Thanks to a federal program, Ohio is able to teach thousands of police, fire fighters, tow-truck operators and other emergency responders how to clear highway crash scenes faster and safer. Law Officer News reports that Ohio is one of 20 different states using the federal training program to ensure the safety of first responders and drivers.
The Federal Highway Administration has sent out trained instructors to the state of Ohio to now teach others how to improve inter-agency communications at a crash scene to get a wrecked of disabled vehicle off the highway and out of the way faster. According to the news source, the traffic incident management training attempts to decrease the time other drivers are waiting or delayed by traffic backups, the potential that a secondary collision may occur and the threat of harm to first responders.
"It's communication, cooperation and coordination," said Al Phillips, the Ohio Department of Transportation's emergency operations coordinator, according to the news source.
Delays from traffic incidents can add up and cost the state and consumers time and money. According to the U.S. Department of Transportation, for each minute that a highway travel lane is blocked during peak use, an estimated 4 minutes of delay result after the incident is cleared – adding up to 4.2 billion hours per year of delays. In addition, Americans burn more than 2.8 billion gallons of gasoline each year while stuck in incident-related traffic.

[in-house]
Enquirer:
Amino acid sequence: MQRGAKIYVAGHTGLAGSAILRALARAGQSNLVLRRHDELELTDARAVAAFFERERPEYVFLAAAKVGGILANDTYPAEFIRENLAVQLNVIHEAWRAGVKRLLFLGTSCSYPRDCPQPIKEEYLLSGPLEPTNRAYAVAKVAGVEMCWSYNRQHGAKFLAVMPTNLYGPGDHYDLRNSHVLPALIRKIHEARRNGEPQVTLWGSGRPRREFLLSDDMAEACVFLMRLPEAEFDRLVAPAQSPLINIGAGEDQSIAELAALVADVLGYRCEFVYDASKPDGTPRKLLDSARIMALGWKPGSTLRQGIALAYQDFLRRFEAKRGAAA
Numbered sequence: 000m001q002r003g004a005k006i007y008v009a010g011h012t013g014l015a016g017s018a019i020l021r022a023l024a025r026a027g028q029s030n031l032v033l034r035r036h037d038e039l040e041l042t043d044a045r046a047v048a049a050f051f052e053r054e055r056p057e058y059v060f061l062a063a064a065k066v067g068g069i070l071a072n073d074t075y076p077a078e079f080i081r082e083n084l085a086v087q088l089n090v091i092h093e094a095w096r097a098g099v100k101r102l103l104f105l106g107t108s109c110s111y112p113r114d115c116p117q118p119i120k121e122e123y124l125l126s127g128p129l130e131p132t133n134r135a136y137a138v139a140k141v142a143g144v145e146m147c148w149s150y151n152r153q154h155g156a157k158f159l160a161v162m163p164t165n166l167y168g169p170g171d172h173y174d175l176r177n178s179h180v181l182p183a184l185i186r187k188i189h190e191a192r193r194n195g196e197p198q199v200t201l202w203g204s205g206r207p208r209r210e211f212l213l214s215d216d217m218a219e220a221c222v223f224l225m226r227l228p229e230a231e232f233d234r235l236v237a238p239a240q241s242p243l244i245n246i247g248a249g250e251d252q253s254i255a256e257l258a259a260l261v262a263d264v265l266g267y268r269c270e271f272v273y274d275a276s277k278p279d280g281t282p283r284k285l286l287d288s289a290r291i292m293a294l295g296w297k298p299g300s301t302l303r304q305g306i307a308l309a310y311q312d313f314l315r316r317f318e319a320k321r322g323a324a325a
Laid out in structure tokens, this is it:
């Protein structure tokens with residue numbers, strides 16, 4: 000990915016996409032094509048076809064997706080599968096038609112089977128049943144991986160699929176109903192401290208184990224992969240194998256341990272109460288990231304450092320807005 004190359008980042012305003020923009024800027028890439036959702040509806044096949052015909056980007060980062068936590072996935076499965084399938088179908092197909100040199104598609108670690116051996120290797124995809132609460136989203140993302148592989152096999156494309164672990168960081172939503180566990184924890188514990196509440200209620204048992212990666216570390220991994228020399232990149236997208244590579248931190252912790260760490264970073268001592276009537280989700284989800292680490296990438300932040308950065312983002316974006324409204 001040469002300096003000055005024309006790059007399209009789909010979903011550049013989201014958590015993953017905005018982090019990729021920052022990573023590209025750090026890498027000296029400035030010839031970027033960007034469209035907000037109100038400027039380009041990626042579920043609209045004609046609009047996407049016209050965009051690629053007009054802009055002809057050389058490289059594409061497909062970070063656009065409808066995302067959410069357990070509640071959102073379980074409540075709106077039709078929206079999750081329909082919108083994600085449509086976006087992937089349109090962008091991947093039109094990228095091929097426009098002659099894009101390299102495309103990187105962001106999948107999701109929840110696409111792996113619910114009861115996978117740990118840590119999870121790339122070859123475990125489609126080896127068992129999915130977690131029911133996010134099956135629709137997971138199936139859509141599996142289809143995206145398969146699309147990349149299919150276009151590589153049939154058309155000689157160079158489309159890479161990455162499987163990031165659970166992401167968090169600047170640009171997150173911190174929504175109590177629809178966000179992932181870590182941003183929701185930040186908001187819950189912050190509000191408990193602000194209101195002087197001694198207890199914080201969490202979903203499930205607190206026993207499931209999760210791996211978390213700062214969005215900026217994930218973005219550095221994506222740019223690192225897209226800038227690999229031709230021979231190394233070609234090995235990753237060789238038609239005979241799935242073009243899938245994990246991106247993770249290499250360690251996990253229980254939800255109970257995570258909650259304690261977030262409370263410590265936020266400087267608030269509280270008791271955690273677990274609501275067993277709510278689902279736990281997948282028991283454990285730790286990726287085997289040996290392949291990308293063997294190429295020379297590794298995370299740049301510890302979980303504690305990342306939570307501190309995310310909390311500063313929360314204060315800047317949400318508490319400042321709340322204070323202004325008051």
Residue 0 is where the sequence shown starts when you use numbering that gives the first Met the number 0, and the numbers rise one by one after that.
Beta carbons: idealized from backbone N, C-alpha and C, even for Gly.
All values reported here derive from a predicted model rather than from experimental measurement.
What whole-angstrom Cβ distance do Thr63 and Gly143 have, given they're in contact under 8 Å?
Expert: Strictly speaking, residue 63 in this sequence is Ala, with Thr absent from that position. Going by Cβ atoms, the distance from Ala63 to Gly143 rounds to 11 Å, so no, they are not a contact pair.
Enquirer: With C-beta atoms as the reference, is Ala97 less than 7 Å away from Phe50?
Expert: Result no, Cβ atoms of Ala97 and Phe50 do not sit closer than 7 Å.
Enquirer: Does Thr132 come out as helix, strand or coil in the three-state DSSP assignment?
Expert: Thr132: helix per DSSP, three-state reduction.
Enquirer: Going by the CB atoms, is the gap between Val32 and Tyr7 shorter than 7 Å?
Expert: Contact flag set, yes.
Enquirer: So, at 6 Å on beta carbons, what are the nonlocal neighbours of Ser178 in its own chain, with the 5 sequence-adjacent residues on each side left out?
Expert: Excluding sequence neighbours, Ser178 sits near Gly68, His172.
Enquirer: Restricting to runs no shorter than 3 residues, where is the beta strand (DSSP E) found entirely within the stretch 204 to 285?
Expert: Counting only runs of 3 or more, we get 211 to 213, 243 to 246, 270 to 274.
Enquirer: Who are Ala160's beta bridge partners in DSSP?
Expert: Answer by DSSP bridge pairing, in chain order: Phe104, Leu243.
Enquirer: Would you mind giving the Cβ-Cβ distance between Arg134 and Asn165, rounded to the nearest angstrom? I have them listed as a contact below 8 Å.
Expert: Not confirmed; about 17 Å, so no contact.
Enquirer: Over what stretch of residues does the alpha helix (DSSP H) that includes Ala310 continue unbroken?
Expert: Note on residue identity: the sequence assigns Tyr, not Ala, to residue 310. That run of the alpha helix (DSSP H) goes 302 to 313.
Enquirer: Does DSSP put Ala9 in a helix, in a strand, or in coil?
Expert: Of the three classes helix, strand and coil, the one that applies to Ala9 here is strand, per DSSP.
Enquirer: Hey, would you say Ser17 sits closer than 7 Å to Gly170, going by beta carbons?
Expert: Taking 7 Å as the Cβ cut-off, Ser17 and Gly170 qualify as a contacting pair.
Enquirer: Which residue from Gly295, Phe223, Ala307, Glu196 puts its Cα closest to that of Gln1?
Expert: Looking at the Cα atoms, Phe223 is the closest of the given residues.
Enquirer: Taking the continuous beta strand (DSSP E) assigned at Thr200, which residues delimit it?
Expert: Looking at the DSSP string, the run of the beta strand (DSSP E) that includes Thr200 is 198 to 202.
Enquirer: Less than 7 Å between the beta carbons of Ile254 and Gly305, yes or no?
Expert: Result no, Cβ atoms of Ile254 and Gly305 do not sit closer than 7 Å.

Thanks to the FHA program brought to Ohio, almost 2,900 first responders from the state have been trained in the past few months, reports Law Officer News. The Ohio Department of Transportation and State Highway Patrol wish to train thousands more this year.
According to the news source, the training program teaches first responders to use their best judgment while protecting public safety. One example used by patrol Capt. Roger Hannay was that if a wrecked truck was blocking traffic it would be up to the first responders to determine whether it would be best to clear the truck to the side and leave it there until later or to continue to block traffic and remove the vehicle.
"The more we can keep highways operating efficiently and safely, the better," Doug Hecox, a highway administration spokesman, told the news source. "Nobody likes traffic jams."
Hannay has stated that he believes the training is re-energizing Ohio's crash-management program, which was initially launched over 10 years ago, but has since been left largely alone.
Training is a crucial component to first responders' abilities to effectively gain control over a scene. Programs like these allow law enforcement and public safety professionals keep every one as safe as possible, while remaining protected themselves. By effectively implementing the right programs and compliance software, agencies and departments are better able to direct officers, fire fighters and other workers to the task they are best suited and trained for in these situations and others.
News brought to you by Envisage Technologies, building software for law enforcement, public safety and the military. Ready. By Design.